There was an excellent special report in the Wall Street Journal about Women in the Economy. Did you know that there are only 11 female CEOs of Fortune 500 companies? And that number is going down from previous years – not up! This is clearly not a trend working in women’s favor. A few suggestions and observations are detailed below. These are changes that don’t happen overnight but we should not be dissuaded and feel that we cannot do anything. Let’s start with consciousness.
Potential Not Performance
What struck a chord with me was a comment by Vikram Malhotra of McKinsey and Co. “Middle management women get promoted on performance. Middle management men get promoted on potential.” A solution is to get women out of traditional corporate roles like HR and transform them to departments that are profit centers and therefore grooming them for more executive roles, such as CEO. If more women focus on departments that are “untraditional” for women, the standards will change in how we work there.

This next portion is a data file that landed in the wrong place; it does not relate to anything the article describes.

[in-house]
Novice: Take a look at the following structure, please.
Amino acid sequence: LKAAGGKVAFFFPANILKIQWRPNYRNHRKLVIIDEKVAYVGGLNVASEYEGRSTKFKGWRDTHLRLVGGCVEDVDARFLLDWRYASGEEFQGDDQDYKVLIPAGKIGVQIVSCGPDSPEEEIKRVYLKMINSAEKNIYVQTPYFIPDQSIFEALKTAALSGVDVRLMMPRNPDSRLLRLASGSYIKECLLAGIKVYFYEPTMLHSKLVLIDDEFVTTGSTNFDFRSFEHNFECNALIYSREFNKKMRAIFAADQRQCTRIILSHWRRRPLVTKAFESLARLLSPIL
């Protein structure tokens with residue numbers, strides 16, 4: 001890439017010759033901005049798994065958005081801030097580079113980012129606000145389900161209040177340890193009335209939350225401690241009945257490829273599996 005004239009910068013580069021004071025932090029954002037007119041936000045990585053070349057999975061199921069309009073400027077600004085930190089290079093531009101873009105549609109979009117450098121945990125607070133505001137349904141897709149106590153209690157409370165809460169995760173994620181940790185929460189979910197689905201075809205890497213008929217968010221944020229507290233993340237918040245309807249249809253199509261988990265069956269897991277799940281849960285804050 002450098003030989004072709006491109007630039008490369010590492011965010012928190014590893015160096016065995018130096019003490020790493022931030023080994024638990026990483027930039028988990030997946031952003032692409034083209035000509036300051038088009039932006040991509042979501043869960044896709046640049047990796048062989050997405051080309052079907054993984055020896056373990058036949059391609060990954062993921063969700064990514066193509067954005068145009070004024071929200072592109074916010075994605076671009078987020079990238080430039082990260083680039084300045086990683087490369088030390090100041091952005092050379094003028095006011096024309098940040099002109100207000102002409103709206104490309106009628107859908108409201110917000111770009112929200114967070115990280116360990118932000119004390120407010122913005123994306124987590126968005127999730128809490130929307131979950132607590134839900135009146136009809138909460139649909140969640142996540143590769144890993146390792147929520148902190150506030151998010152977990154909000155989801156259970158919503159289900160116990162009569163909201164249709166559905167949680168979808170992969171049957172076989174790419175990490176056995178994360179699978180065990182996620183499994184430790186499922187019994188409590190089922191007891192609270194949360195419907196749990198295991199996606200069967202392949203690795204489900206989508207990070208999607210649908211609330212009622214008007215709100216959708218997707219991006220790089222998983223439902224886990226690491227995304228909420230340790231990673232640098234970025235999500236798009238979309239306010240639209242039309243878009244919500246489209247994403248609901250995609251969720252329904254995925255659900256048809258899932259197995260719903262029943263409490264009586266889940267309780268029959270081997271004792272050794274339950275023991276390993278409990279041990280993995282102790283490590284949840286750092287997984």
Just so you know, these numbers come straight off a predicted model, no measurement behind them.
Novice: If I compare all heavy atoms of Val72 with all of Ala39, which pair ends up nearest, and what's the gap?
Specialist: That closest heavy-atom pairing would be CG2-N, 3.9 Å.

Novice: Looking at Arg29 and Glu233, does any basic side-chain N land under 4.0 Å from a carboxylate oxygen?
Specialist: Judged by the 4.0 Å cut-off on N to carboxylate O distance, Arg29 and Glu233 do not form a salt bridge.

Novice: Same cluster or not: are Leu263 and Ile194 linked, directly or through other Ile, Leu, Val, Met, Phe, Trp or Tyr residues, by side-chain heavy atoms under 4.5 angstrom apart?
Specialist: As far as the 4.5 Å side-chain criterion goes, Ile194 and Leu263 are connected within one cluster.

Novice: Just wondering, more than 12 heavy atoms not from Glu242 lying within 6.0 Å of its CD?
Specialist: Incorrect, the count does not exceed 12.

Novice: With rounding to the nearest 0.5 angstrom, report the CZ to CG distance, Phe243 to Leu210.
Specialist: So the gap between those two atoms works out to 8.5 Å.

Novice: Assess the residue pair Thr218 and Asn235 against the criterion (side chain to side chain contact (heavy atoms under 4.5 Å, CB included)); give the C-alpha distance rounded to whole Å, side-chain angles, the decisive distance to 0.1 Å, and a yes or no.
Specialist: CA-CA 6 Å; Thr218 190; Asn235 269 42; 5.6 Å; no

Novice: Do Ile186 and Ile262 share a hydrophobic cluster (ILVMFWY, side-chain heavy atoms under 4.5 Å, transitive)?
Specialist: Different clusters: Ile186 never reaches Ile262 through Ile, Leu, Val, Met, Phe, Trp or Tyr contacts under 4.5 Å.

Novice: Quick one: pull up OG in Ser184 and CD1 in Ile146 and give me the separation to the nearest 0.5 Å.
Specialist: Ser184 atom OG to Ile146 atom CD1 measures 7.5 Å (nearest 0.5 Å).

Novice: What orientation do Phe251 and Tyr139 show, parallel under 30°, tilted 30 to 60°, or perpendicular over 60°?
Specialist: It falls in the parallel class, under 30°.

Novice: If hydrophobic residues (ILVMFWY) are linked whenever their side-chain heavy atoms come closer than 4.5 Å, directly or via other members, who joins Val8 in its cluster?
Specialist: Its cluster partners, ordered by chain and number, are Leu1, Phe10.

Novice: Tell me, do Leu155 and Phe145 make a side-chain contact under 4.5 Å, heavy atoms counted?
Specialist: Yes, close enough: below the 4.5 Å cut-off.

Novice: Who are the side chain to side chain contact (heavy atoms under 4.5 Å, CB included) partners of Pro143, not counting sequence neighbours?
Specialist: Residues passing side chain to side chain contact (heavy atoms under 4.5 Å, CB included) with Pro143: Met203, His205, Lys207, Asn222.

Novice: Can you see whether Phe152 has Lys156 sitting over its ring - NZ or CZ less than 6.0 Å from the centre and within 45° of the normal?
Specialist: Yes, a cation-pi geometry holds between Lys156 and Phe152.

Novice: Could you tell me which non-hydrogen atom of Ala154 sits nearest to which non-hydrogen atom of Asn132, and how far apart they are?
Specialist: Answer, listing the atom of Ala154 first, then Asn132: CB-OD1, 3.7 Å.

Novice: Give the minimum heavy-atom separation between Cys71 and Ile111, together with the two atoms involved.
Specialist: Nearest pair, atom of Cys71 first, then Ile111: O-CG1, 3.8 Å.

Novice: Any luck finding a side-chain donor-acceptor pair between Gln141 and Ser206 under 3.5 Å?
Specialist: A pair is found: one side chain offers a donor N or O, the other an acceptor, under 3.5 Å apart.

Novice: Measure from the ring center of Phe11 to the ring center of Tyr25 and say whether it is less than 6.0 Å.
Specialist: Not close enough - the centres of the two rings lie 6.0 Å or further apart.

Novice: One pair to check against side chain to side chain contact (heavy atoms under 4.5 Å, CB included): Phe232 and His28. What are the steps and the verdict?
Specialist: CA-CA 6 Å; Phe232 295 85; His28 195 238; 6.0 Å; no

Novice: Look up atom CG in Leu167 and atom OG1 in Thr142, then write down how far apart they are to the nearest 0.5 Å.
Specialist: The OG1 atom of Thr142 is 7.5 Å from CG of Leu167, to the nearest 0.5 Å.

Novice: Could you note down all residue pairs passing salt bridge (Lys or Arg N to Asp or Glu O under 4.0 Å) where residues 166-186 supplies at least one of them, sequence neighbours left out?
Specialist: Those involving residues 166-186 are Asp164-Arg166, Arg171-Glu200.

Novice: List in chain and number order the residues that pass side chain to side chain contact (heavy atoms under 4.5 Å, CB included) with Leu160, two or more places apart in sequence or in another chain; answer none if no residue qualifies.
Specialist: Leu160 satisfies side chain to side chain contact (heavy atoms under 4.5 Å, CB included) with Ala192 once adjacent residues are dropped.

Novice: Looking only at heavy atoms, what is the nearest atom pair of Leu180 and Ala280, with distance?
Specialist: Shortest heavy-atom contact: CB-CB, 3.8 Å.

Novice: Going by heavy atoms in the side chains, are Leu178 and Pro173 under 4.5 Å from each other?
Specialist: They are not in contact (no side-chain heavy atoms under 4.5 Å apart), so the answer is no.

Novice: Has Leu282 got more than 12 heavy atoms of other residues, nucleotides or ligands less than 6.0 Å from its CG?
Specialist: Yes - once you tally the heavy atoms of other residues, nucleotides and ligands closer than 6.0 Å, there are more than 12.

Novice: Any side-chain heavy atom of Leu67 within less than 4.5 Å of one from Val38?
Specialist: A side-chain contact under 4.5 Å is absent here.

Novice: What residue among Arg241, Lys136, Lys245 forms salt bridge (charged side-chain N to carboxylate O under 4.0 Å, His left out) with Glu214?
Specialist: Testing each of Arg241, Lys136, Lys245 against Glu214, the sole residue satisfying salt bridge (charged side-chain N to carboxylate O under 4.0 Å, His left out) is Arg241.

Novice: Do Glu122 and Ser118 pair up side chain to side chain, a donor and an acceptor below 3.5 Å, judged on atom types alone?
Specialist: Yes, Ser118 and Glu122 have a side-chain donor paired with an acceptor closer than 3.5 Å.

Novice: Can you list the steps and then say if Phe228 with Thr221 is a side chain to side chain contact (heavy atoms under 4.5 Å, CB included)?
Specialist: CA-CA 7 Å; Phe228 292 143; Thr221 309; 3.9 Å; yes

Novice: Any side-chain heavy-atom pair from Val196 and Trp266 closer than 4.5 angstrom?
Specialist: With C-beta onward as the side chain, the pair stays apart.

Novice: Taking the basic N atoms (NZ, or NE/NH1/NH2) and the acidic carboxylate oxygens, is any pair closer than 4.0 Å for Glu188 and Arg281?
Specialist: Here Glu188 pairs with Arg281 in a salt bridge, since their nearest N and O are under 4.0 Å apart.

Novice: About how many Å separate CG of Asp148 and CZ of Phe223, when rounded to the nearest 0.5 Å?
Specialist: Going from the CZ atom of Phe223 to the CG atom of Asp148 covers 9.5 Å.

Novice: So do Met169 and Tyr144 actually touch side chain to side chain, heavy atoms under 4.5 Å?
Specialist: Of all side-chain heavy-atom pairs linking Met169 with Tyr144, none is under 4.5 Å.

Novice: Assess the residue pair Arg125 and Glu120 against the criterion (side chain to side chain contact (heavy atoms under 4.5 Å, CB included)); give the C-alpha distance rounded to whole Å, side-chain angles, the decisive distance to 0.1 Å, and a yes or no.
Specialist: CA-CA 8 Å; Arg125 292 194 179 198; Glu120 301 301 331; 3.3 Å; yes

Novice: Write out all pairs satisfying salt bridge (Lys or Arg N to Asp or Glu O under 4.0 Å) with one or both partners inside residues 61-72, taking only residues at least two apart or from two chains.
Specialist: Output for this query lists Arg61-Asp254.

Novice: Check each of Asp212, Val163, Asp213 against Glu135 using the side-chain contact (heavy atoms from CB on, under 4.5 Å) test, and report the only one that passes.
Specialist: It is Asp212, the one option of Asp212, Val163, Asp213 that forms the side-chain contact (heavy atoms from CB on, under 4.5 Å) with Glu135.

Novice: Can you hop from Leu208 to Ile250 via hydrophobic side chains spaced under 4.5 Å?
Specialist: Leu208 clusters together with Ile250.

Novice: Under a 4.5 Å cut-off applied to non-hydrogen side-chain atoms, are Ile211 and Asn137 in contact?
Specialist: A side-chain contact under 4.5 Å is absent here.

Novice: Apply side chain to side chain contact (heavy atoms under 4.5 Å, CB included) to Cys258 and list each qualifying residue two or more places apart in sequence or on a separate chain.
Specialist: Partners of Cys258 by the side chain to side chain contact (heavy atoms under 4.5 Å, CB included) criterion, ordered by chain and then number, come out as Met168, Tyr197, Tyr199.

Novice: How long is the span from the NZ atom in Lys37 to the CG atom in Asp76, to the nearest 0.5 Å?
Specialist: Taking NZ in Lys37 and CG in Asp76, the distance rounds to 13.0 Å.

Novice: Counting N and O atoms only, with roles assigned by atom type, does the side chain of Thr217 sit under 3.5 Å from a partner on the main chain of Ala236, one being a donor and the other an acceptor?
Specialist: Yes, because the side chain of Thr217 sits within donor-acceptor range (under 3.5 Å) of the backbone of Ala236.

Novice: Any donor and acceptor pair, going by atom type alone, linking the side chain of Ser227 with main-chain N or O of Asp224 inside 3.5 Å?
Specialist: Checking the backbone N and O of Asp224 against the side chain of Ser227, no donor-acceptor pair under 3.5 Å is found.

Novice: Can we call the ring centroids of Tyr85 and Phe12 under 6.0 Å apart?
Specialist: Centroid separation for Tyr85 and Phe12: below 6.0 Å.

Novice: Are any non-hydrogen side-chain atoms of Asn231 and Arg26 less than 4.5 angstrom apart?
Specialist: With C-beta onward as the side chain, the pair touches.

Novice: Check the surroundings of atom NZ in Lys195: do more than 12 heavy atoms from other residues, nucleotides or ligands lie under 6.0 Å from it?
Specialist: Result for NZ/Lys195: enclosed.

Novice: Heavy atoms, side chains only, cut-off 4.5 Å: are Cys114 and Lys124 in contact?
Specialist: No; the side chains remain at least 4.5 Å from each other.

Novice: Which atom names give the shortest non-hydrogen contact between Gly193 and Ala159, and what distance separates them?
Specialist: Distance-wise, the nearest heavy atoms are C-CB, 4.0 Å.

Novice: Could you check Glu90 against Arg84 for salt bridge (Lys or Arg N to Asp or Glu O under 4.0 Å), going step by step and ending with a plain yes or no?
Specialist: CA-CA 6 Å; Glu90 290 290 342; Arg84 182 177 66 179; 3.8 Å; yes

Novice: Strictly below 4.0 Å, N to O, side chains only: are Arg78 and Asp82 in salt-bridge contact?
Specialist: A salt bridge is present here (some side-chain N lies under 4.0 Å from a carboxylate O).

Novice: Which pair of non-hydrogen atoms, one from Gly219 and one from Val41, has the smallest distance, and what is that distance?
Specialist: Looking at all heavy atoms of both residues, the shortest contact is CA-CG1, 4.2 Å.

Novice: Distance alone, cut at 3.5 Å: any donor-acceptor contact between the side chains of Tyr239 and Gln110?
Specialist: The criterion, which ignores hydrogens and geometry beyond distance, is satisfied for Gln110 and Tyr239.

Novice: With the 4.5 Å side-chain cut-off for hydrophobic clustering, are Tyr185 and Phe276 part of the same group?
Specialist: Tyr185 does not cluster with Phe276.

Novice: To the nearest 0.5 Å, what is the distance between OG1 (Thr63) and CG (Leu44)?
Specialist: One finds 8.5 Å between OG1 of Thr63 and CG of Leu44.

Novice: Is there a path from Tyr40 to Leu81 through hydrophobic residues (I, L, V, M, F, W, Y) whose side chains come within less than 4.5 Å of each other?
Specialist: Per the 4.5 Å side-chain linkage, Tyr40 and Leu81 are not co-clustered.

More Kids = Less Promotion
The more kids a woman has, the less interested she was in promotion. While men are the opposite; the more kids they have, the more they were interested in promotion. Clearly women do not feel the corporate and familial support as they move up the ladder. Flexibility in the workplace could change that.
Get On Board
Another key action step that empowered me was to get more women on corporate boards. One way to do this is to create training programs to teach women how to get on a board and how to make the most of it. The media can also highlight corporations that have women on their boards. Make it as transparent as possible. I recently took a course, the OP-ED project, about getting more women to write OP-ED pieces in major news publications. The purpose is to get our voices heard and issues heard. This isn’t much different.